3Know What You’re Asking For
Be clear as to the size of the investment you want to give away and how that determines the ‘valuation’ of the business. Therefore, if you wish to raise R200 000 for 10% of the business, that means you value the business at R2m — be sure you can back that up or you will get taken apart.
4Have a Business Plan
The best way to fully understand your business is by way of having a detailed business plan, which has been prepared whilst working through every facet of your business, from the original idea to the finished product.
As the business owner, you need to live this business plan and be able to use it as your daily guide to success. Develop it, change it where circumstances require it, but most importantly know it and understand it.
In this way, you will be able to deal with most of their questions, be they about marketing, research, international expansion etc. It is also a good idea to know your competition and what they are up to.
In most interactions, you the entrepreneur, are selling yourself. Whether it is an investor, lender, customer or prospective employee, it is their impression of you and your capabilities which ultimately determine whether they want to work with you.
Be confident, defend your position where required, as you will need to parry some blows but do not behave arrogantly.
6Learn From Your Mistakes
Many entrepreneurs who have presented to the Shark’s Den and not been able to garner investment have turned their business into great successes. You need to be able to learn from the experience, and if rejected, bounce back even stronger.
3 Things You Must Have In Place To Get That Start-up Bank Finance
If you’re planning to secure funding for your start-up, you need to put the right foundations in place.
The South African landscape for raising finance is tough for any business, with stringent lending regulations. Here are three areas to focus on as you set up your start-up to ensure you’ll qualify for a loan or equity funding.
1Securing a Market
Most SMEs I have mentored or advised start with expressing how big the total market size is for their product or service, but, while this is important to understand, the big question is: What percentage of that market will you attract and how?
Look at the ‘how’ first and work your numbers backwards. For example, if you secure a R10 million contract to supply an item that has a market size of R37 billion you are capturing only 0,03% of the market. However, if you’re able to cover your monthly expenses (including your loan repayment) and make a profit, that’s what counts. You should be able to show this contract or letter of intent to procure, which shows how and where you will find this market.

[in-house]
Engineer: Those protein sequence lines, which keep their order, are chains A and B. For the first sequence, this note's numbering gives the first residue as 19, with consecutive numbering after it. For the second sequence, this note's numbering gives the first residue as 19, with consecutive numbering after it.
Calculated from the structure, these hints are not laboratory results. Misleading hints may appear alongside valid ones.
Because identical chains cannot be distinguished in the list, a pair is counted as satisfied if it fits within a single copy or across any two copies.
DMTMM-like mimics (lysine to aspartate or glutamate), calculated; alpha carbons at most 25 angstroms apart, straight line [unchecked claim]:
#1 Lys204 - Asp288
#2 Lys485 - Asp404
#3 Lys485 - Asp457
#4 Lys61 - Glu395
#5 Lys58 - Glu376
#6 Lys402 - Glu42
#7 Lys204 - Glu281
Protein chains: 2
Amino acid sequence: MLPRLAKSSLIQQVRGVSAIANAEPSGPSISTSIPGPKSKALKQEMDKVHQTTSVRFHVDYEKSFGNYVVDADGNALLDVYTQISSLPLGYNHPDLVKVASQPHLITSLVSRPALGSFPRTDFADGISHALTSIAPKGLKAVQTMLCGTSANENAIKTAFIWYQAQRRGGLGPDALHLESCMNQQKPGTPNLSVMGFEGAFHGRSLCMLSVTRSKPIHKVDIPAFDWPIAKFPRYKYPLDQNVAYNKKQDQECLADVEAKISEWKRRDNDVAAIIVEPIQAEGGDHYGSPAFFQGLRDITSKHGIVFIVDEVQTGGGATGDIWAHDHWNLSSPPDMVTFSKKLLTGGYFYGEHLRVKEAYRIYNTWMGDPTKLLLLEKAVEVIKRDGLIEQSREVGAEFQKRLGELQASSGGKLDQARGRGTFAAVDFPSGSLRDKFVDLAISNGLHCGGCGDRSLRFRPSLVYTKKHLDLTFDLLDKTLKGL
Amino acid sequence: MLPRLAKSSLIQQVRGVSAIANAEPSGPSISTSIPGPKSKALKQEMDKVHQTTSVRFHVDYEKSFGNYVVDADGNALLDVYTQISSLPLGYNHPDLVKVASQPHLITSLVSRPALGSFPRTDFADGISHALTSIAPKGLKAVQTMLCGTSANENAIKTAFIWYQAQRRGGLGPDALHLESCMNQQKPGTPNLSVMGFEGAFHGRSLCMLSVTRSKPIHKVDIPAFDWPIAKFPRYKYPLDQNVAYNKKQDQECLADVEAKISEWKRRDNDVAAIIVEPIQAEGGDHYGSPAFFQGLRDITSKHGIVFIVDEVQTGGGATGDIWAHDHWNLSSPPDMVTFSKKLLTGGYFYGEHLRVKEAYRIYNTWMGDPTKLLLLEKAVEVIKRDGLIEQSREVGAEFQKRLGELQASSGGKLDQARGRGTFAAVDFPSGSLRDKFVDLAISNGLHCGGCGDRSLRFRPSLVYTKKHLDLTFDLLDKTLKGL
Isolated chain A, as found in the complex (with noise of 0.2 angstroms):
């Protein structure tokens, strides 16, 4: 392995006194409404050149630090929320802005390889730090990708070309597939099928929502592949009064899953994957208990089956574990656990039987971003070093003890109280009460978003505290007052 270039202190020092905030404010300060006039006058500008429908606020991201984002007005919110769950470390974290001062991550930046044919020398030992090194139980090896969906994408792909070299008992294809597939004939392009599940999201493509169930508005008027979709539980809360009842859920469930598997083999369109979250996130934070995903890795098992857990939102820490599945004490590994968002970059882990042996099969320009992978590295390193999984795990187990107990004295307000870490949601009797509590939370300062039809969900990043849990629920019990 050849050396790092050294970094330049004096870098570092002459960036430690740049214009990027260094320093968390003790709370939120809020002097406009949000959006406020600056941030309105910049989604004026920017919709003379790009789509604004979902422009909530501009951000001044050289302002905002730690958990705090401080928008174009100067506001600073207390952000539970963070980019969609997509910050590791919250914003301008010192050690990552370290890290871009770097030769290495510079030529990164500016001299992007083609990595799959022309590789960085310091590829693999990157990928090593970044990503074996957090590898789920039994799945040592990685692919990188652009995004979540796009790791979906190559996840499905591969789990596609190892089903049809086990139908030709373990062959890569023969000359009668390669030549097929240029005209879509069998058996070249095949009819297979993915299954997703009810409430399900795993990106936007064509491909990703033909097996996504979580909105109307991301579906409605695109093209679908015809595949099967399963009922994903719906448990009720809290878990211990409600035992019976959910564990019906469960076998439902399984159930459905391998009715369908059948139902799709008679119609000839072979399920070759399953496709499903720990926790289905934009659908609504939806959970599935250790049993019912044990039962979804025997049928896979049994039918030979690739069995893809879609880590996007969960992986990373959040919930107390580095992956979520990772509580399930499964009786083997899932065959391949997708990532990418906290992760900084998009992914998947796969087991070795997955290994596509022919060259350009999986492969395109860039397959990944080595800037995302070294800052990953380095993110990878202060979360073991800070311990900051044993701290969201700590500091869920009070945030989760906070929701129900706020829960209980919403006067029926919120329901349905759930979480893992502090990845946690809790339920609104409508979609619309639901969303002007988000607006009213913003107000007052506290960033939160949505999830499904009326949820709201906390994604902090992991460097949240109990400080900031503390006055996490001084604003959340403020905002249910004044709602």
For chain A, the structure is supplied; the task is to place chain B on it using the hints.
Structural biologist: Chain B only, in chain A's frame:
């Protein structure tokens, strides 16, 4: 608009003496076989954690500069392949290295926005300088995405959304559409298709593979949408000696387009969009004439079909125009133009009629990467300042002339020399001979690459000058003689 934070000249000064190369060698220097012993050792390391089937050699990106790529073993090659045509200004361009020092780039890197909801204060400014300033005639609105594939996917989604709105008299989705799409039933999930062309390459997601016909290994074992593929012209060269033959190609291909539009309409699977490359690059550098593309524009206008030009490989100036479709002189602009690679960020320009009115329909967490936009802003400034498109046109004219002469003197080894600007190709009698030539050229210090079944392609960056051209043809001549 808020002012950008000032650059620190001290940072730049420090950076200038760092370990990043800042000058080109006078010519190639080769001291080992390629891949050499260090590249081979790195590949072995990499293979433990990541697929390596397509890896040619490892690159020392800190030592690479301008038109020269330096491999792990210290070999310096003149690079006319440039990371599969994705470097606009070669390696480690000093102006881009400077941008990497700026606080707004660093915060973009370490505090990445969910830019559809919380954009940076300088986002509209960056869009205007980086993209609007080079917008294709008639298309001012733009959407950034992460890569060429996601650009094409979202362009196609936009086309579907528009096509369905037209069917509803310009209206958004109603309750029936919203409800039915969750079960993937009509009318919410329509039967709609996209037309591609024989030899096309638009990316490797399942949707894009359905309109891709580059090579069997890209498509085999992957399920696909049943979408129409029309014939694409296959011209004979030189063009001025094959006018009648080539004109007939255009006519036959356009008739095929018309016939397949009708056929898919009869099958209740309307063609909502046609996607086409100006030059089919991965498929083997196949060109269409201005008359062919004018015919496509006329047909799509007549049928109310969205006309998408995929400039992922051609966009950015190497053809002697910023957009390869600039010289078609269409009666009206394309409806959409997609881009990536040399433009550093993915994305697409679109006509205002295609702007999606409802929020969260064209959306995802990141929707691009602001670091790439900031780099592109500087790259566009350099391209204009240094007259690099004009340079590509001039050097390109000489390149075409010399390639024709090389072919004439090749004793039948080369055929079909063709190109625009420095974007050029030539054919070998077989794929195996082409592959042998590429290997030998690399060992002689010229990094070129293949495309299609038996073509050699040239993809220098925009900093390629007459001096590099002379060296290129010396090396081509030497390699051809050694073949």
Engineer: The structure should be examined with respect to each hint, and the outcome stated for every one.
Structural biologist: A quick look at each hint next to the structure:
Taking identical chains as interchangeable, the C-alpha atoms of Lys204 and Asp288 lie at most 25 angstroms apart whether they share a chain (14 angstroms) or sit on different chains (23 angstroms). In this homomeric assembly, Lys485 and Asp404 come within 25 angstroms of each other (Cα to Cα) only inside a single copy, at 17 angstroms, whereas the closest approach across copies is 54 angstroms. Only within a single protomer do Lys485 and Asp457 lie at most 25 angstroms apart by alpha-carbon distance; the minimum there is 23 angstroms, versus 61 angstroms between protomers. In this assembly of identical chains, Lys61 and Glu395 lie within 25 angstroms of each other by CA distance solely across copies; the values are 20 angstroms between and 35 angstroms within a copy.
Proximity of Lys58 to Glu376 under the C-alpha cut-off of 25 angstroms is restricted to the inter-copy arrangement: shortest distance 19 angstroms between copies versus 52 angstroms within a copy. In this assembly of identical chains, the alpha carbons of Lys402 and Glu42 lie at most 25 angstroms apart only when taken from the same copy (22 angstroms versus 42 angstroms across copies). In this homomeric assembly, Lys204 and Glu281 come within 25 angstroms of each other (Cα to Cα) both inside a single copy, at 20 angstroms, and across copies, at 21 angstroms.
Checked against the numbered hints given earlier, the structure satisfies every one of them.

2A Strong Team
When you’re starting out you’re likely to be the sum total of your team. If you’re going down the entrepreneurial journey alone, make sure you have identified who will mentor and guide you through the areas you don’t have competencies in and cost this into the business start-up and running costs.
Focus on who in the business is going to:
- Sell and market: Do they have the necessary skill, network, product and market knowledge?
- Control the money: Are they financially savvy and can they make sure that money is being used for the right things?
- Operate: Who has done this before? Can this individual manufacture the product or arrange the supply of goods or services, ensure quality control and sound human resource management?
Formalising your business is costly but necessary. If you don’t have a formal entity, shareholders agreements, loan agreements, financial statements, management accounts, tax compliance and so on, you will come short when looking to raise finance.
Understand these costs upfront and include them into your start-up budget — this will save you a lot of pain in the long run.
The truth is that finance is available for women who have the right business ingredients just as much (if not more — in the South African context) as it’s available for men and just as with men. And, resources such as these help to unpack and guide the core fundamentals that are needed to make business bankable/fundable.
Then it’s all about implementation and staying on track to translate all that you’ve done and all that you wish to do in a bankable business plan, and approach the relevant funder for your needs. The right business mentor can certainly help you on that journey.